Do we need; Start the Week?

It's the breakfast show as dinner party, with a bad-tempered host and big ideas on the menu. In the first of a new series challenging icons of the Nineties, Peter Popham asks ...
At 8.25 this morning, the small but distinguished throng begins to gather in the basement of Broadcasting House among the glass bricks and potted plants and moody lighting. Two of them are typical of the breed that haunts such spaces: a trendy comic playwright (Nigel Williams) with two plays about to open in London, and a journalist, Melanie Phillips, who recently won the George Orwell Prize for her work.

The others, however, are rarer specimens; the sort that Radio 3 used to call on frequently, but not often encountered on that wavelength now, where fear of prompting listeners to switch off is entrenched as the official neurosis. Both are philosophers: Philip Kitcher, who has just published a book, The Lives to Come, subtitled The Genetic Revolution and Human Possibilities, on how developments in genetics over the past 10 years have changed ideas of human identity; and John Harris, of Manchester University, author of a newly published essay on children's rights.

BBC coffee appears from Thermos flasks, croissants and pastries are offered around, but people do little but toy with them as they make introductions, swap tentative compliments, force the adrenalin to flow fast enough to create a little social warmth in the bleary haze of a Monday morning. At five to nine, Melvyn emerges from the studio, where he may have been working on his script for an hour and a half. He smiles, shakes hands and leads them into the bland studio, dominated by a broad table covered with olive-green baize. Within 10 minutes, another Start the Week is up and running.

It must be the cruellest act of scheduling the BBC has ever devised: to require of such diverse personalities, often largely indifferent or ignorant about each other's work, not merely to look interested but to participate intelligently; to transform a tough working breakfast into the sort of dinner party that people talk about for weeks afterwards - and without benefit of food or drink.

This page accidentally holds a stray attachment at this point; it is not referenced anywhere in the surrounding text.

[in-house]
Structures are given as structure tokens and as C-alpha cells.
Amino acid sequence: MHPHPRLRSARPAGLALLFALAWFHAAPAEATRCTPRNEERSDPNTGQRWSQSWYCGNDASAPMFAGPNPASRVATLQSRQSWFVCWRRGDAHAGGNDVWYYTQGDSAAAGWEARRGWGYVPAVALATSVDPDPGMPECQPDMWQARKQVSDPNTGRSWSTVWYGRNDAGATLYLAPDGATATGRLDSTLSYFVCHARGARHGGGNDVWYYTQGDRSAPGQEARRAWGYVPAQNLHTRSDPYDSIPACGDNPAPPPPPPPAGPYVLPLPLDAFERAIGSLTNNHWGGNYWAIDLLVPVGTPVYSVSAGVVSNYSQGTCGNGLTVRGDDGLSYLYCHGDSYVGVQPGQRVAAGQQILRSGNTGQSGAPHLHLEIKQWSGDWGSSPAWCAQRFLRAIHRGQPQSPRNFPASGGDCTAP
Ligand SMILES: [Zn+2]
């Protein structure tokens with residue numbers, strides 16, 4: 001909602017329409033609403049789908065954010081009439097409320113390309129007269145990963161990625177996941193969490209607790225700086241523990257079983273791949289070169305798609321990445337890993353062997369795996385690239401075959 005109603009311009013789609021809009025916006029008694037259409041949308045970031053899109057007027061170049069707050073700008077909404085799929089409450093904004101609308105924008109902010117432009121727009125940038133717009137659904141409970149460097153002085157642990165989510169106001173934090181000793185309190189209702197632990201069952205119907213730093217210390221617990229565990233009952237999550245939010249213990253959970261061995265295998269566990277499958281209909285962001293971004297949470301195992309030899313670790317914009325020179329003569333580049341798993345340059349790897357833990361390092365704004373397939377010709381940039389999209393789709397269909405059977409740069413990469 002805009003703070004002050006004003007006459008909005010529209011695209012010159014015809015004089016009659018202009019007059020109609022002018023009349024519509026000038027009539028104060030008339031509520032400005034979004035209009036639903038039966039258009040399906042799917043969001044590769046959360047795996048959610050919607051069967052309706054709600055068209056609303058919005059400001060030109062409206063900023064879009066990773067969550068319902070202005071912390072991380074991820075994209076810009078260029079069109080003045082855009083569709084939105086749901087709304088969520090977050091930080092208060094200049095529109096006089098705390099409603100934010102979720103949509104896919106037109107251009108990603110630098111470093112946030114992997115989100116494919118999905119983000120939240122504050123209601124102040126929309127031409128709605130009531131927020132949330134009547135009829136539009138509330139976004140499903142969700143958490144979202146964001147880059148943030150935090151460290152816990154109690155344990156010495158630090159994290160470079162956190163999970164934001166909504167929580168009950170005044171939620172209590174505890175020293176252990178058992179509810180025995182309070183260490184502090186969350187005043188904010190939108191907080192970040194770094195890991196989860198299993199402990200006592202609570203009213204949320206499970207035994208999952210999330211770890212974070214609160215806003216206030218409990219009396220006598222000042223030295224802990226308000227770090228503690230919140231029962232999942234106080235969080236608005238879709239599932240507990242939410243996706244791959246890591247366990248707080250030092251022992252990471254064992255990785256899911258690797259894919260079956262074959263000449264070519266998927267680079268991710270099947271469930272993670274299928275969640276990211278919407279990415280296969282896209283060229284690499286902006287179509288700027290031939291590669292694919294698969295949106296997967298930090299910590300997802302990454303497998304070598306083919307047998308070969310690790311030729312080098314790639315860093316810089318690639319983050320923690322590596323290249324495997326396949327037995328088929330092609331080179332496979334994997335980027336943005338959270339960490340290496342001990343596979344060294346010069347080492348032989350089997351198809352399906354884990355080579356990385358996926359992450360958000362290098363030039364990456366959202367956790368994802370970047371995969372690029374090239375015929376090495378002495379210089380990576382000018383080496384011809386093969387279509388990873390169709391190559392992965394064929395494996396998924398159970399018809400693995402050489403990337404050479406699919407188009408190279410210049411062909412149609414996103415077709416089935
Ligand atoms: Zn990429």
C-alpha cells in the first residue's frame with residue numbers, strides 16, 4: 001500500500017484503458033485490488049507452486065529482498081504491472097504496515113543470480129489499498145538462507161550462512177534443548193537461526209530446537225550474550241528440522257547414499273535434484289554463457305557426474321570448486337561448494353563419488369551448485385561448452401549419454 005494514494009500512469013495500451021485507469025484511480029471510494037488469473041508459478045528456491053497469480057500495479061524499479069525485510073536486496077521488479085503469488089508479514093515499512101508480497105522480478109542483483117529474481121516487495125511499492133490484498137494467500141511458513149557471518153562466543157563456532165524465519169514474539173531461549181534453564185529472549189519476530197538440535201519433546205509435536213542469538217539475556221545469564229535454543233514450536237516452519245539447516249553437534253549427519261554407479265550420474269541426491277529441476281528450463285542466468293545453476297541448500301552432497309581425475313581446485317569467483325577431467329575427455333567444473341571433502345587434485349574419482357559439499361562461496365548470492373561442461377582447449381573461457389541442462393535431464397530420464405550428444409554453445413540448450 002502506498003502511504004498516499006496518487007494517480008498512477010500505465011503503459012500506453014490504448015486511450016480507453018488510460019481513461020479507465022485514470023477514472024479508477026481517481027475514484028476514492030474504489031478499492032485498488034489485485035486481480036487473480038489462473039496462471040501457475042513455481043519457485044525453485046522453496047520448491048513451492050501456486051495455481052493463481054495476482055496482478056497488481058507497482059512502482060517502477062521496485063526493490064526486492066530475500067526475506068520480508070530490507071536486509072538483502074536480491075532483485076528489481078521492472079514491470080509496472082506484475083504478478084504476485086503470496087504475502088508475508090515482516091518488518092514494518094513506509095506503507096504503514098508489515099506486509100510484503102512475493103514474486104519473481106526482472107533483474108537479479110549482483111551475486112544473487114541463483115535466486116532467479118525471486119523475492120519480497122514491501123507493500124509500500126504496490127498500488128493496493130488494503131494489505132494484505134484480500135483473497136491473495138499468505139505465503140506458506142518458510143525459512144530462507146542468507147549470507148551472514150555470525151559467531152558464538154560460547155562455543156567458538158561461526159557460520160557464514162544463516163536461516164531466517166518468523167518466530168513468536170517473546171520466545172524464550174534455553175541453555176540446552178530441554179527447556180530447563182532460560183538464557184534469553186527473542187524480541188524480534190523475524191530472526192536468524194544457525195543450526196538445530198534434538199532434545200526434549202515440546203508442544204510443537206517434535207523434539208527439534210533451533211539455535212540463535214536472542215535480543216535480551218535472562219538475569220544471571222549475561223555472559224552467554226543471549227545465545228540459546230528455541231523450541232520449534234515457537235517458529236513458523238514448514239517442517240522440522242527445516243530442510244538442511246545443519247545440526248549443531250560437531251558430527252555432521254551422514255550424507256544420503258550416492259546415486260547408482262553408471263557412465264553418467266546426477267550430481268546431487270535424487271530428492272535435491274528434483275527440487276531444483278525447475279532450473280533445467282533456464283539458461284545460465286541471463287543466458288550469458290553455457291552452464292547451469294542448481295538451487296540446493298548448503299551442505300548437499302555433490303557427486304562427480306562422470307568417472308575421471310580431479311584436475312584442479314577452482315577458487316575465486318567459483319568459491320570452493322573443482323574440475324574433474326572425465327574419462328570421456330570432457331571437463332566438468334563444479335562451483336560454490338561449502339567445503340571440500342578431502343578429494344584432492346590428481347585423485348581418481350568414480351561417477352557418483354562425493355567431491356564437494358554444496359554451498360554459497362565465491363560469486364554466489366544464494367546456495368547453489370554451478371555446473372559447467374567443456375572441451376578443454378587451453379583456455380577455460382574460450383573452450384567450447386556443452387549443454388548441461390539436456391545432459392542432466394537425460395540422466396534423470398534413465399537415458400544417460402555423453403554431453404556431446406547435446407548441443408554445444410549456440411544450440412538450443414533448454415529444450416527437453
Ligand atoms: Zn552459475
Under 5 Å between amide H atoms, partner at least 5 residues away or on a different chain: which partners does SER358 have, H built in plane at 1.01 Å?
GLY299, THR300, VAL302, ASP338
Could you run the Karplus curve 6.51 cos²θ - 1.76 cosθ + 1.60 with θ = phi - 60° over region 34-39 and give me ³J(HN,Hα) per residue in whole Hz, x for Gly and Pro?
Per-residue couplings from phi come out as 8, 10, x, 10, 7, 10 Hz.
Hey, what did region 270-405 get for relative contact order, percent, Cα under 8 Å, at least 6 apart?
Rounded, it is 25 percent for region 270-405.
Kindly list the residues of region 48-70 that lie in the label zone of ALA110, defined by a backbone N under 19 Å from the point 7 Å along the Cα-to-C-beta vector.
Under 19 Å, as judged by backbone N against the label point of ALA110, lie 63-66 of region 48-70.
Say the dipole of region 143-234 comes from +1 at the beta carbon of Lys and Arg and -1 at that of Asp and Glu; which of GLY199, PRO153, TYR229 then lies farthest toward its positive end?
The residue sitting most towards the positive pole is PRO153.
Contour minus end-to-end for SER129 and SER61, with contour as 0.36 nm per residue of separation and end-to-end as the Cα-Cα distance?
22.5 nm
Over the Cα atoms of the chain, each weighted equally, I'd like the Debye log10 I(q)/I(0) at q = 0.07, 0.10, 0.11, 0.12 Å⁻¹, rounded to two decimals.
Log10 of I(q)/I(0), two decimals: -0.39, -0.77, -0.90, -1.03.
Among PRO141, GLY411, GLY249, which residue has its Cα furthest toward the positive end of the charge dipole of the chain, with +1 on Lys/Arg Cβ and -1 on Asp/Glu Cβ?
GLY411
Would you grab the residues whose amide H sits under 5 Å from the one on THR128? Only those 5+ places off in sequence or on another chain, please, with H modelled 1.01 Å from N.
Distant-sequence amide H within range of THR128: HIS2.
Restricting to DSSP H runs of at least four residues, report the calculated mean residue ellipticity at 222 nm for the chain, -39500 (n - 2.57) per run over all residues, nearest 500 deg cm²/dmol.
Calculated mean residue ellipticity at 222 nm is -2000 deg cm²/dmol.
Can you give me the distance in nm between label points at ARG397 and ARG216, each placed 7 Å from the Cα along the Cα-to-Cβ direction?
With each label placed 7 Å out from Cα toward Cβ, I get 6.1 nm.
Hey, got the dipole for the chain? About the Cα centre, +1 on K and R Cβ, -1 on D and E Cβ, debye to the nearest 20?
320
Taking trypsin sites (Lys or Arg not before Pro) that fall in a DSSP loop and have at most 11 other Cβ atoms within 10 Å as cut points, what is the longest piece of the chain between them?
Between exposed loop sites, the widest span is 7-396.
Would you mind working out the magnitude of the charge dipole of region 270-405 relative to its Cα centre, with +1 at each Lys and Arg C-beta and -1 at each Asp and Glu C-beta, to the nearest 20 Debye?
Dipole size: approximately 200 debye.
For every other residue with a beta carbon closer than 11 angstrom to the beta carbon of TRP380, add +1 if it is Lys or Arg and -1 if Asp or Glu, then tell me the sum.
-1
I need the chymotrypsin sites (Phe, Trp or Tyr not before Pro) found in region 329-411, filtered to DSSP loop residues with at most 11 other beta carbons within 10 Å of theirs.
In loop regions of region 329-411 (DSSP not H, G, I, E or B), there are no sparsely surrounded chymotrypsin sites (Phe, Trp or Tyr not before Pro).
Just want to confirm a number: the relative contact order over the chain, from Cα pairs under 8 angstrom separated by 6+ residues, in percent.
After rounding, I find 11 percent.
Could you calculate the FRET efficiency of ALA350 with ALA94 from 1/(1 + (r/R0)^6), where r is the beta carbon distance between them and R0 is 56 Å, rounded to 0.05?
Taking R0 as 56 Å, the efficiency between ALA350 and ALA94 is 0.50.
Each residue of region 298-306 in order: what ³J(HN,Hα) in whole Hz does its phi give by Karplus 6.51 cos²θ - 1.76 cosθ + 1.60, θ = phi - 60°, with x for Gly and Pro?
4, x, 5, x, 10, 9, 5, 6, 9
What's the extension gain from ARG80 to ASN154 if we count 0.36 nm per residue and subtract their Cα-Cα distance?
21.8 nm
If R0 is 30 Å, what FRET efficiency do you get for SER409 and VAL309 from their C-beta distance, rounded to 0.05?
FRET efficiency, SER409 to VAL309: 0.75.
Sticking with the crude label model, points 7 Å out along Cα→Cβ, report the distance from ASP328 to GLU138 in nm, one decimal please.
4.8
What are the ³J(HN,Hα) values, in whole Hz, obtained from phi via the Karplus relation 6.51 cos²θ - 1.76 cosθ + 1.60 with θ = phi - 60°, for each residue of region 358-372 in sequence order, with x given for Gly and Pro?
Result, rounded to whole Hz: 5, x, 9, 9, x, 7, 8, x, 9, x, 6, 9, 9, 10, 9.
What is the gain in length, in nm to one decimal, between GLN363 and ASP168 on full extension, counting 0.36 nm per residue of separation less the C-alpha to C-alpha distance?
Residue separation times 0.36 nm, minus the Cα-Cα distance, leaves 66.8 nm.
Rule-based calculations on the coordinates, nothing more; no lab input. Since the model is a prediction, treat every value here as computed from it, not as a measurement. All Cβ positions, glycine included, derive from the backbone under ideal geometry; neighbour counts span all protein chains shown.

But if it's a tough task for the guests, it's barely easier on the listeners. So it ought to chasten one or two prominent people in the BBC - chasten and cause them to ask themselves some rather fundamental questions - that as the content of Start the Week has grown gradually more intellectually demanding over the eight years of Melvyn Bragg's stewardship, it has also gathered a larger and larger audience - now standing at one to one and a half million, slightly more than the far more middle-brow programmes such as Midweek, Desert Island Discs and Loose Ends which occupy the slot on other days. And not only are more people listening, more people are also responding - particularly when the content of the programme touches on abstruse scientific or philosophical questions, the BBC switchboard is blitzed with what the current producer, David Herman, calls "a happy and excited response" from listeners.

Such a state of affairs is a standing insult to those who urge the BBC to throw off the last of its old, didactic, Reithian pretensions once and for all and swim with the same tide that moves commercial radio. It suggests either that there are a lot of cussed old farts out in them thar hills, clinging for dear life to the sort of radio that they are familiar with; or alternatively, more hopefully, that there is another tide, going in another direction, which broadcasters should also be taking into account.

It was not ever thus. Once upon a time, Start the Week lived up to the breezy jauntiness of its name: it was a fast-running 70-minute concoction chaired by the arch-smoothie Richard Baker, with light features, a cookery spot, a weather update, comical calypsos sung in a fake Caribbean accent by Lance Percival, and whimsical "experiments in visual radio" in which listeners sat entranced (or switched off bemused) as Richard Baker had his feet painted, or danced with Wayne Sleep. The tone was relentlessly Baker-esque, frothy and fun without being merely vulgar, but requiring very little active exertion of the brain cells. This after all was Radio 4, ex-Home Service, radio for the nation incarnate; everybody should be kept on board, nobody should be repulsed by excessive difficulty.